Ramos had just a 107 wRC+ in AA last year, which was well behind Vince Fernandez and Jacob Heyward, and only a hair ahead of Sandro Fabian. Those players are all older than he is, but still, it puts the performance into perspective. Despite that, the Giants promoted him midseason to Sacramento, where he struggled a bit, with a wRC+ of just 80, and only four home runs and 15 walks in 229 plate appearances, with 65 strikeouts.

Hjelle was similarly average in AA, having a 4.00 FIP and modest strikeout-to-walk numbers in a pitcher-friendly atmosphere. But, like Ramos, he was promoted to AAA midseason, struggled, and then added to the 40-man roster as a Rule 5 protection.

On a slightly different but still related note, let’s talk about Ricardo Genovés. The catcher, who is still more than a month away from his 23rd birthday, got assigned straight to AAA after skipping AA. Not only did he skip AA, but he struggled mightily in High-A.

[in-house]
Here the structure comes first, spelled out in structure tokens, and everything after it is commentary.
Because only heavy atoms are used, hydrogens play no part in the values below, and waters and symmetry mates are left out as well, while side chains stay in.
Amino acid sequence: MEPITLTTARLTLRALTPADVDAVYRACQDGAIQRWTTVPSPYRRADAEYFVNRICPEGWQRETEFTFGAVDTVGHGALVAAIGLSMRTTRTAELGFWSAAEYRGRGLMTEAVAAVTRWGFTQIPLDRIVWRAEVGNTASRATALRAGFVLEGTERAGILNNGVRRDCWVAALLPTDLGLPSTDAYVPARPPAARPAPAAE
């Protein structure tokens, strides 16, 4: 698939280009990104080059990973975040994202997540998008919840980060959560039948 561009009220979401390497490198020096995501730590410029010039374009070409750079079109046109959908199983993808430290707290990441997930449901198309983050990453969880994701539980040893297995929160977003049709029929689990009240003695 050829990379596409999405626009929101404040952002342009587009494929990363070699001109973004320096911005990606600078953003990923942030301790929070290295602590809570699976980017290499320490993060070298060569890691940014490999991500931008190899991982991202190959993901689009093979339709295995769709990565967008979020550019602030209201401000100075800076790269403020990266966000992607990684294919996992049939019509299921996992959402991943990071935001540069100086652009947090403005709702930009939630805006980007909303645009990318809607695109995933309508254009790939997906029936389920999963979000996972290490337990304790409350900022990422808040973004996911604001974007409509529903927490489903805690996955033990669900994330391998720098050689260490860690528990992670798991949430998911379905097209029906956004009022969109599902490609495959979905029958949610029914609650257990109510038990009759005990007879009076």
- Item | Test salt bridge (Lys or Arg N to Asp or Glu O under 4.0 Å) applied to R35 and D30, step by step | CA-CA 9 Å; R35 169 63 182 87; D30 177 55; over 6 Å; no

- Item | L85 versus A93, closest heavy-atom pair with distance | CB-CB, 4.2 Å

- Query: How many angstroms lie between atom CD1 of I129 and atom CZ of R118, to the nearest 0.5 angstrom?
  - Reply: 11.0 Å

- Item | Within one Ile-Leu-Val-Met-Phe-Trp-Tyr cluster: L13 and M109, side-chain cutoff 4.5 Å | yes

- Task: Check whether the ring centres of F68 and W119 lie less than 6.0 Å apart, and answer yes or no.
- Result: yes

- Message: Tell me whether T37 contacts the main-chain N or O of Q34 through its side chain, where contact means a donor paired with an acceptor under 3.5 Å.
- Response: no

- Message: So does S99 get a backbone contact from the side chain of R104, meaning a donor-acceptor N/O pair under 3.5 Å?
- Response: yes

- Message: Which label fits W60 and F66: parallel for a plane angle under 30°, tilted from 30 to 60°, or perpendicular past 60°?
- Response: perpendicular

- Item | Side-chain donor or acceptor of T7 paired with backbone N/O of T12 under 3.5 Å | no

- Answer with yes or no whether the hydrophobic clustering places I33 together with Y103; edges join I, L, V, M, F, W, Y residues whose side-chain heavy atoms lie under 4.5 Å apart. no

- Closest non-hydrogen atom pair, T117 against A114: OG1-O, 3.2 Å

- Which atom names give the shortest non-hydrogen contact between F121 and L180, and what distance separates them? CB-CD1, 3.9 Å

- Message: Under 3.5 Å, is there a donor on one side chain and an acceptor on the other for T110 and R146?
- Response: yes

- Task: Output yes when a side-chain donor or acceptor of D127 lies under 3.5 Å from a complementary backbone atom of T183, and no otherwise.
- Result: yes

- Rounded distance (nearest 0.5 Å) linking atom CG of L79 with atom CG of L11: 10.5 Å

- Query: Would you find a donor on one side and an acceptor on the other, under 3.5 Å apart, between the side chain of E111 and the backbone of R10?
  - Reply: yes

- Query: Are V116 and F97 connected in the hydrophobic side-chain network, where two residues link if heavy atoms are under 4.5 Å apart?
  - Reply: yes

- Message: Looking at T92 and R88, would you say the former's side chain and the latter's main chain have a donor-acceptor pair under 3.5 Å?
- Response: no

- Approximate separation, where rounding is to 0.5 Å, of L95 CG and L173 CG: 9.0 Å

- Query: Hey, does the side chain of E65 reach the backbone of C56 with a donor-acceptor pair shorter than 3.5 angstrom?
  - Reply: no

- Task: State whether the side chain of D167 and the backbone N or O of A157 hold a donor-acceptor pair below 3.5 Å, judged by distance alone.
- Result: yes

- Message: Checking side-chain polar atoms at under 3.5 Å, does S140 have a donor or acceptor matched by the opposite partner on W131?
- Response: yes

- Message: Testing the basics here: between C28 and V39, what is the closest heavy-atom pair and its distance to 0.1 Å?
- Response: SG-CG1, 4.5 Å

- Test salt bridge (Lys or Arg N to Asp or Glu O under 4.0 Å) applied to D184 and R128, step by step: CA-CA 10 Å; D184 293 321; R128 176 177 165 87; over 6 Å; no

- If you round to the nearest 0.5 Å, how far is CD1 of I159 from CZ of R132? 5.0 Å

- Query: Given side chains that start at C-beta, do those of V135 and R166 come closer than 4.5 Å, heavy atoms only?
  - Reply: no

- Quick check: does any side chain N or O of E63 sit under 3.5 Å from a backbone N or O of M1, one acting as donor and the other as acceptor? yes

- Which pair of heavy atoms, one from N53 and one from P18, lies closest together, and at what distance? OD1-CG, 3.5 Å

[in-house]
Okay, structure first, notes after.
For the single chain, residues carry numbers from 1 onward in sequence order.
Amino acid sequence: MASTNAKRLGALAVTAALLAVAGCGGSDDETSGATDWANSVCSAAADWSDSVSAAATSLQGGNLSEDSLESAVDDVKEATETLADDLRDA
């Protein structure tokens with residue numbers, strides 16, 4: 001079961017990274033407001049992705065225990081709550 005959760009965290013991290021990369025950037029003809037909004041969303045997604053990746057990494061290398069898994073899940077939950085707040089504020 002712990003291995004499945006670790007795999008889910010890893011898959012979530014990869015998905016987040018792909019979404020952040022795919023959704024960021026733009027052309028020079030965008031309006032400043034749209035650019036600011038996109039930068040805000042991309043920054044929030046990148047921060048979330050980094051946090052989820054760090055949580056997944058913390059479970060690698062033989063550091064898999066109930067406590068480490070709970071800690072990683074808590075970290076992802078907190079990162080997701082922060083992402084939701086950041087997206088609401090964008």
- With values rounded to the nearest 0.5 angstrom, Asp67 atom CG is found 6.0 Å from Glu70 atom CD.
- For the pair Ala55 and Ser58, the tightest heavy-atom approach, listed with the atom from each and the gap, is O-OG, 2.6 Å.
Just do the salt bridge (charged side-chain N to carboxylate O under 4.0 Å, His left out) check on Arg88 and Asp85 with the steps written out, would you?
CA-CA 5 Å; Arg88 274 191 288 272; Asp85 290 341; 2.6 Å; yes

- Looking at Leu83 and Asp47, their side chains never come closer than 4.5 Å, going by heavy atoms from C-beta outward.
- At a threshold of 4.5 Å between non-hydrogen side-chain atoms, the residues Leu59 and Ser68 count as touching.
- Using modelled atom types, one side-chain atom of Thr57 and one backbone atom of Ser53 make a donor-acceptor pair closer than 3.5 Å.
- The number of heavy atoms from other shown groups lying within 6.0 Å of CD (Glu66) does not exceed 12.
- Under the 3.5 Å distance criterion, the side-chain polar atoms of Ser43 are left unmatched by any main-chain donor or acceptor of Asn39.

Genovés started 2021 in Low-A, where he was beyond brilliant, slashing .338/.441/.551 in 161 plate appearances, good for a 161 wRC+. That earned him a very well-deserved promotion to Eugene, where he had a lot of challenges in 245 plate appearances, hitting just .217/.294/.364, for a wRC+ of 77.

He’s a very strong defensive catcher, and struggles are expected at that age, so the future is quite bright for him ... but jumping straight from a subpar High-A season to AAA certainly raises an eyebrow or three.

On paper, these three (and a few other players) maybe should be starting the year in AA. Instead, they’re in AAA, and both Hjelle and Ramos are expected to be in the Majors at some point this year. If history tells us anything, it’s that the Giants are seeing something that we’re not yet noticing.

I’m excited to find out what that is.